Eighteen months ago, Safelincs moved its premises to a seven-acre site on West Street, formerly occupied by the engineering companies CS Martin, Finnveden and Gnutti.
Since then, managing director Harry Dewick-Eisele, who started the company as a sole trader in 2001, has devoted much of his time to reducing the environmental impact of its operations.
A bird’s eye view of the building reveals that much of the roof above the warehouse space is now covered by 1,000 square metres of solar panels, while inside the offices and warehouse space, all fluorescent and sodium lights have been replaced with LED energy saving lights which last three times as long as a fluorescent lights and only use a third of the electricity.
Safelincs, who recently won the Best Employer and Customer Services awards at the East Lindsey District Council Business Awards, has grown to operate the UK’s largest online fire safety portal - offering more than 6,000 products and fire safety services.
Mr Dewick-Eisele said: “Innovation has always been key to Safelincs’ growth.
“We are now looking closely at the products we sell to see how they, or their packaging, can be developed to be more environmentally friendly.”
The company recently won a contract to supply and distribute over 150,000 individual smoke/carbon monoxide alarms to locations around the world. Working with the manufacturer, it has eliminated all plastic packaging and replaced it with recyclable cardboard.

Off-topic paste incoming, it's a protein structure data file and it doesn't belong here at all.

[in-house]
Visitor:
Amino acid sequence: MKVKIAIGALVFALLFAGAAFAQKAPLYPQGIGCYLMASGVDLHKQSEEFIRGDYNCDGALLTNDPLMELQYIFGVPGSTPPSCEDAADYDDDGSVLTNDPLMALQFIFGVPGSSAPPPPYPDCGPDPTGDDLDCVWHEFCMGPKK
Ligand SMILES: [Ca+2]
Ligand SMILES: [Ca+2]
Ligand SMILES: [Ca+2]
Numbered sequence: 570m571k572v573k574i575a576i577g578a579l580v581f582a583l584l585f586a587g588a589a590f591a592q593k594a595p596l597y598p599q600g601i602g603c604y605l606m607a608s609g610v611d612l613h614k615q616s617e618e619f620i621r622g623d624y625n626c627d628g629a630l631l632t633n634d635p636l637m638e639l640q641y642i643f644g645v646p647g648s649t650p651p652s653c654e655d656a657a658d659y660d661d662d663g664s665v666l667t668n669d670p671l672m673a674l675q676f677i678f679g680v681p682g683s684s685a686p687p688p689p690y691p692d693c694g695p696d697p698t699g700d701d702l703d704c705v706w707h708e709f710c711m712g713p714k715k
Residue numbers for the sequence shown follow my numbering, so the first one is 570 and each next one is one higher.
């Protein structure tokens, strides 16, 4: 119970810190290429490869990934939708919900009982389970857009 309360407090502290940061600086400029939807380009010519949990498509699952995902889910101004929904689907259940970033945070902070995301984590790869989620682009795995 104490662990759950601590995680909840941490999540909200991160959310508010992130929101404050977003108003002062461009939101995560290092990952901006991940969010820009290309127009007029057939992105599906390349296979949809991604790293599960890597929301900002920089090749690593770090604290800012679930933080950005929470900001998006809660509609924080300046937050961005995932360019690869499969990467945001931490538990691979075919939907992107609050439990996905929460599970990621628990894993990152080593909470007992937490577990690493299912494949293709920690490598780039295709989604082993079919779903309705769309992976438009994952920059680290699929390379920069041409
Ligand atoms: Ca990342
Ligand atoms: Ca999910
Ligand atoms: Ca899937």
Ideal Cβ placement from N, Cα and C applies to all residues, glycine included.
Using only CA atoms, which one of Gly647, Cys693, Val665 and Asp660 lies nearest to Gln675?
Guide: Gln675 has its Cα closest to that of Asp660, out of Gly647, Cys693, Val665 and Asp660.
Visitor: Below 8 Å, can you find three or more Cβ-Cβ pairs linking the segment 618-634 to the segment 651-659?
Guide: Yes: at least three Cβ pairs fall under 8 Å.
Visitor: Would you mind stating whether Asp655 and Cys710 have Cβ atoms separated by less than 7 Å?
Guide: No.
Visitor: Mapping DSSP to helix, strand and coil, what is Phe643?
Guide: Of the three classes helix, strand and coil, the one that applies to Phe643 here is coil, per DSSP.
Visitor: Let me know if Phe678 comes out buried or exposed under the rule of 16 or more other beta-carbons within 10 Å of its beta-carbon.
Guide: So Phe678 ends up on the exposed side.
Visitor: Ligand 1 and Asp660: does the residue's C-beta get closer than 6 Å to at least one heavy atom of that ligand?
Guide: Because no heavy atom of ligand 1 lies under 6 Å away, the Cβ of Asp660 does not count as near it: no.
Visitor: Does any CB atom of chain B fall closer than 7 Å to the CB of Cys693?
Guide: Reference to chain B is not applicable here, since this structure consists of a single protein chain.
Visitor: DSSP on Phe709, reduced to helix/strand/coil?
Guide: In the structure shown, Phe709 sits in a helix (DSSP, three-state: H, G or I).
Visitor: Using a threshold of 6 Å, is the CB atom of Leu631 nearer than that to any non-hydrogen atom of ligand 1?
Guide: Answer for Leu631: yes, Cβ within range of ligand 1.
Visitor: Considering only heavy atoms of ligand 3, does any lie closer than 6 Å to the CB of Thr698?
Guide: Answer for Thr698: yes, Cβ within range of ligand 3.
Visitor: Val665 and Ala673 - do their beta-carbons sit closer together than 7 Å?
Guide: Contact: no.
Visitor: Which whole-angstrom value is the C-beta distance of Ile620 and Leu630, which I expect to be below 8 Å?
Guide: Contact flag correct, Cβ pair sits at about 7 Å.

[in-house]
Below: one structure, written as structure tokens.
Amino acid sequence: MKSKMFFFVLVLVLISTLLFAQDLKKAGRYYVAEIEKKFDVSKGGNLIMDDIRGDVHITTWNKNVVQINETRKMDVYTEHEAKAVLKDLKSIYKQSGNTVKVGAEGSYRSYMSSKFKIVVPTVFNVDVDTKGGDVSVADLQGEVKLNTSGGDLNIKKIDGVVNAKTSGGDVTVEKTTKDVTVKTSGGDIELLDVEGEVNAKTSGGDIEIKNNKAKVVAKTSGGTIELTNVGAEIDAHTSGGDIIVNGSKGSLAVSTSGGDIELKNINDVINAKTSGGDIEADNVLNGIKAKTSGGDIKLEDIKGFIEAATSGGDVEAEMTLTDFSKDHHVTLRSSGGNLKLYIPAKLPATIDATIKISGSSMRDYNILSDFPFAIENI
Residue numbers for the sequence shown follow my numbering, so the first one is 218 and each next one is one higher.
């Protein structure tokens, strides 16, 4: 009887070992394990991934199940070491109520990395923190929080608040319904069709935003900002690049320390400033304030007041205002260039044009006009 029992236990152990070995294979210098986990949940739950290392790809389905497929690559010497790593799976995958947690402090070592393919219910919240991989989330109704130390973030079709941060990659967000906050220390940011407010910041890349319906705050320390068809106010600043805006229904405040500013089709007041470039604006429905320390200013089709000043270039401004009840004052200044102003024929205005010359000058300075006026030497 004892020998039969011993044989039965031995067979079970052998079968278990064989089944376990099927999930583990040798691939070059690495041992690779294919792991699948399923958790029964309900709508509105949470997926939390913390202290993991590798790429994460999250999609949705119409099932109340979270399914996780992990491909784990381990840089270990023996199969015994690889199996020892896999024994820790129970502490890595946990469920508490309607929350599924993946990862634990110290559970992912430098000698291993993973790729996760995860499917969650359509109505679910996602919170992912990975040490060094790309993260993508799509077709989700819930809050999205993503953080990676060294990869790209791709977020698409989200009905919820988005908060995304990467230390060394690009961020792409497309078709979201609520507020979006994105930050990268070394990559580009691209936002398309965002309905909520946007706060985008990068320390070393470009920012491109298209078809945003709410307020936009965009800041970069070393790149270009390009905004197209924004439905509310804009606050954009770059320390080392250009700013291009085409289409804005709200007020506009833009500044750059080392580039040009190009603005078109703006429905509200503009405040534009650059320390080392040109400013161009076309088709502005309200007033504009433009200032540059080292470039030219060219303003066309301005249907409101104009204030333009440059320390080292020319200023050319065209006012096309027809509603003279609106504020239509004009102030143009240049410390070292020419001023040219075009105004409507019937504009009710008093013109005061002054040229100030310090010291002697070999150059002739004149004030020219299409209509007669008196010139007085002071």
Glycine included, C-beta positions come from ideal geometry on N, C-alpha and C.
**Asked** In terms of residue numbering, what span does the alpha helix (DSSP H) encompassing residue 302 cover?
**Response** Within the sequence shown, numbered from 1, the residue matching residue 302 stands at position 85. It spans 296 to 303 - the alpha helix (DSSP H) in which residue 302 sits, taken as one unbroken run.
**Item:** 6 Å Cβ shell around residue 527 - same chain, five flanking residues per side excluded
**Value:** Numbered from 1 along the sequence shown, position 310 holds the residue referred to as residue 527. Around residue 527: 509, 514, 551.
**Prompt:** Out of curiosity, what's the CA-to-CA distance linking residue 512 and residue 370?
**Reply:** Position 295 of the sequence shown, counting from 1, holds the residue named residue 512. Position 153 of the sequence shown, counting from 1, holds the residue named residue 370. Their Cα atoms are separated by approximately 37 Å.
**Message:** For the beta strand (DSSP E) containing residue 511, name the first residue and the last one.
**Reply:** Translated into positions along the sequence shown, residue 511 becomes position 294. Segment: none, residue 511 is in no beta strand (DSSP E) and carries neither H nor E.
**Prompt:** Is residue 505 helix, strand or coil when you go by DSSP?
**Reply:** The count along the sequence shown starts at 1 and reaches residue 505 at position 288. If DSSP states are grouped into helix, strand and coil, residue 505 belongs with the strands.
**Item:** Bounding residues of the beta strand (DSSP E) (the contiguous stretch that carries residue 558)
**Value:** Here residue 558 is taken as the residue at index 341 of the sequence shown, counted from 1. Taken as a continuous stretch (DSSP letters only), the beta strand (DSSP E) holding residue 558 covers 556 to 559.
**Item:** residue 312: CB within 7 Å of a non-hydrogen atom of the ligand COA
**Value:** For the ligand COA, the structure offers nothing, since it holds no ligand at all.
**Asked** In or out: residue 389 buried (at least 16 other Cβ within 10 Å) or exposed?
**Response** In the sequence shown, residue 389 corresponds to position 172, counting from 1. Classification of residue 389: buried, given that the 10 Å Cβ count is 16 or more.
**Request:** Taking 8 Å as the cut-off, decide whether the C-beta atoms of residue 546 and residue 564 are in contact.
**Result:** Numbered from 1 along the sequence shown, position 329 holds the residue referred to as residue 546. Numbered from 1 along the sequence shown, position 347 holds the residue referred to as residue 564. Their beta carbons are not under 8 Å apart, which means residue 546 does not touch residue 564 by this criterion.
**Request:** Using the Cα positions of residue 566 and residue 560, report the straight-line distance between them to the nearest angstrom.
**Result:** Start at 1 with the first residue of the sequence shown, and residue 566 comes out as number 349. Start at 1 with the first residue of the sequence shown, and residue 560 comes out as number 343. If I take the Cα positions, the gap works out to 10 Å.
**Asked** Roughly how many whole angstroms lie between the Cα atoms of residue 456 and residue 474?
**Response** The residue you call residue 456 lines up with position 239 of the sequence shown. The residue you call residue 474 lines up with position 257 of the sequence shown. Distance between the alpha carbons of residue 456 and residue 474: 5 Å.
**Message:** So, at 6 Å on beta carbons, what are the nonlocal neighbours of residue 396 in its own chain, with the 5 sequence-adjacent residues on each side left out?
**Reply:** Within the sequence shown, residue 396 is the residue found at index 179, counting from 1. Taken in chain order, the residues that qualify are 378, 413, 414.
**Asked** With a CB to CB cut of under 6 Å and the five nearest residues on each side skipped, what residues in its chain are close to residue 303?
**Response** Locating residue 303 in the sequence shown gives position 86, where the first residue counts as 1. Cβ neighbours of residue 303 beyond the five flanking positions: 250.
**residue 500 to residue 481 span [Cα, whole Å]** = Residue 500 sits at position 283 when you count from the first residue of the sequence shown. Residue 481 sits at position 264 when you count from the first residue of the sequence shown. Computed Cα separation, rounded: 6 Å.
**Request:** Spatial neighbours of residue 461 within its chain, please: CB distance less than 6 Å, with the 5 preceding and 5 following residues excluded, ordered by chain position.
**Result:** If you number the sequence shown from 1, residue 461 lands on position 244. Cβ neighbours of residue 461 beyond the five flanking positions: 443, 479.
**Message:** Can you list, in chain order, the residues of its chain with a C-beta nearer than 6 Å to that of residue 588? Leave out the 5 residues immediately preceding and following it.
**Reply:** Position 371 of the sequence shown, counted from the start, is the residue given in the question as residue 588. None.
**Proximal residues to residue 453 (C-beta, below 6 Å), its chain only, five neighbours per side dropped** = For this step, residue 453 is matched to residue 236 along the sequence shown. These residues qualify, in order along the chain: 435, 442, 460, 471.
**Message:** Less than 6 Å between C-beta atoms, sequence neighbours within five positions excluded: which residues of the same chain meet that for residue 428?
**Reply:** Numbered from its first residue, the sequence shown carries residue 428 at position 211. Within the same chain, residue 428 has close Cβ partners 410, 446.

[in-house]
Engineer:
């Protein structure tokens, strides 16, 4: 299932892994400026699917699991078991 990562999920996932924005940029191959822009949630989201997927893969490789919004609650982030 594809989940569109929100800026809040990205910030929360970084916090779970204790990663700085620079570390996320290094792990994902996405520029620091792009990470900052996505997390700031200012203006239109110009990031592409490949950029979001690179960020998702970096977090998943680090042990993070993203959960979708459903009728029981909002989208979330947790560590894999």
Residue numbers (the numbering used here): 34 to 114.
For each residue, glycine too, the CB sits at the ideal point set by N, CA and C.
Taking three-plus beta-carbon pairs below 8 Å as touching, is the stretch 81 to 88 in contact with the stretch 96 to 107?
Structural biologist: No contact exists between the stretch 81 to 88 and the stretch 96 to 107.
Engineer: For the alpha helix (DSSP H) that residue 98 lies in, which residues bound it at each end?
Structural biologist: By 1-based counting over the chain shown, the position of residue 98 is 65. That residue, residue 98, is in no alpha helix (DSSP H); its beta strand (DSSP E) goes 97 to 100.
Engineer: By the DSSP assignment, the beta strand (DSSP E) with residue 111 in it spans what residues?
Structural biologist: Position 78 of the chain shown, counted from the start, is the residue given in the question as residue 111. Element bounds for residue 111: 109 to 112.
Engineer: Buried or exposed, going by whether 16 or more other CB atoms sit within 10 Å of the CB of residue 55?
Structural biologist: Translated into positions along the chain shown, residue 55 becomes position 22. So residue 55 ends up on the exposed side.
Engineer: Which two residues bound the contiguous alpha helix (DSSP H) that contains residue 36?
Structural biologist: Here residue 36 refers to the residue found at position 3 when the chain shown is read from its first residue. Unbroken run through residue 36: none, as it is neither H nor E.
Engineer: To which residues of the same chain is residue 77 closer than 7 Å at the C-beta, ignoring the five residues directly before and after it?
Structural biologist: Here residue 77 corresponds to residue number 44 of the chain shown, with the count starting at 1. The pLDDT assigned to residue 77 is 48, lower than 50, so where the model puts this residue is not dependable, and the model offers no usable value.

Safelincs sells over 100 different types of fire extinguisher. Padding for transit originally constructed from polystyrene is now also made from cardboard. In addition, one of its key suppliers, Kidde, now provides its products packaged in cardboard that is devoid of coloured ink.
Mr Dewick-Eisele continued: “Like many other organisations, we are finding that our changes not only benefit the environment, but they make good business sense as well. The changes to packaging and the solar PV installation are saving us money.”
The 60-strong staff are actively involved in contributing ideas to reduce the company’s environmental footprint.
Through the company’s suggestion scheme, staff put forward the idea of electric hand driers to take advantage of the electricity the company produces from the solar panels and to eliminate the waste of one-use paper hand towels.
All chocolates provided to team members on site are now palm oil-free, and plastic-free tea bags are available for staff and visitors.
All teas and coffees are certified by organisations such as the Rainforest Alliance.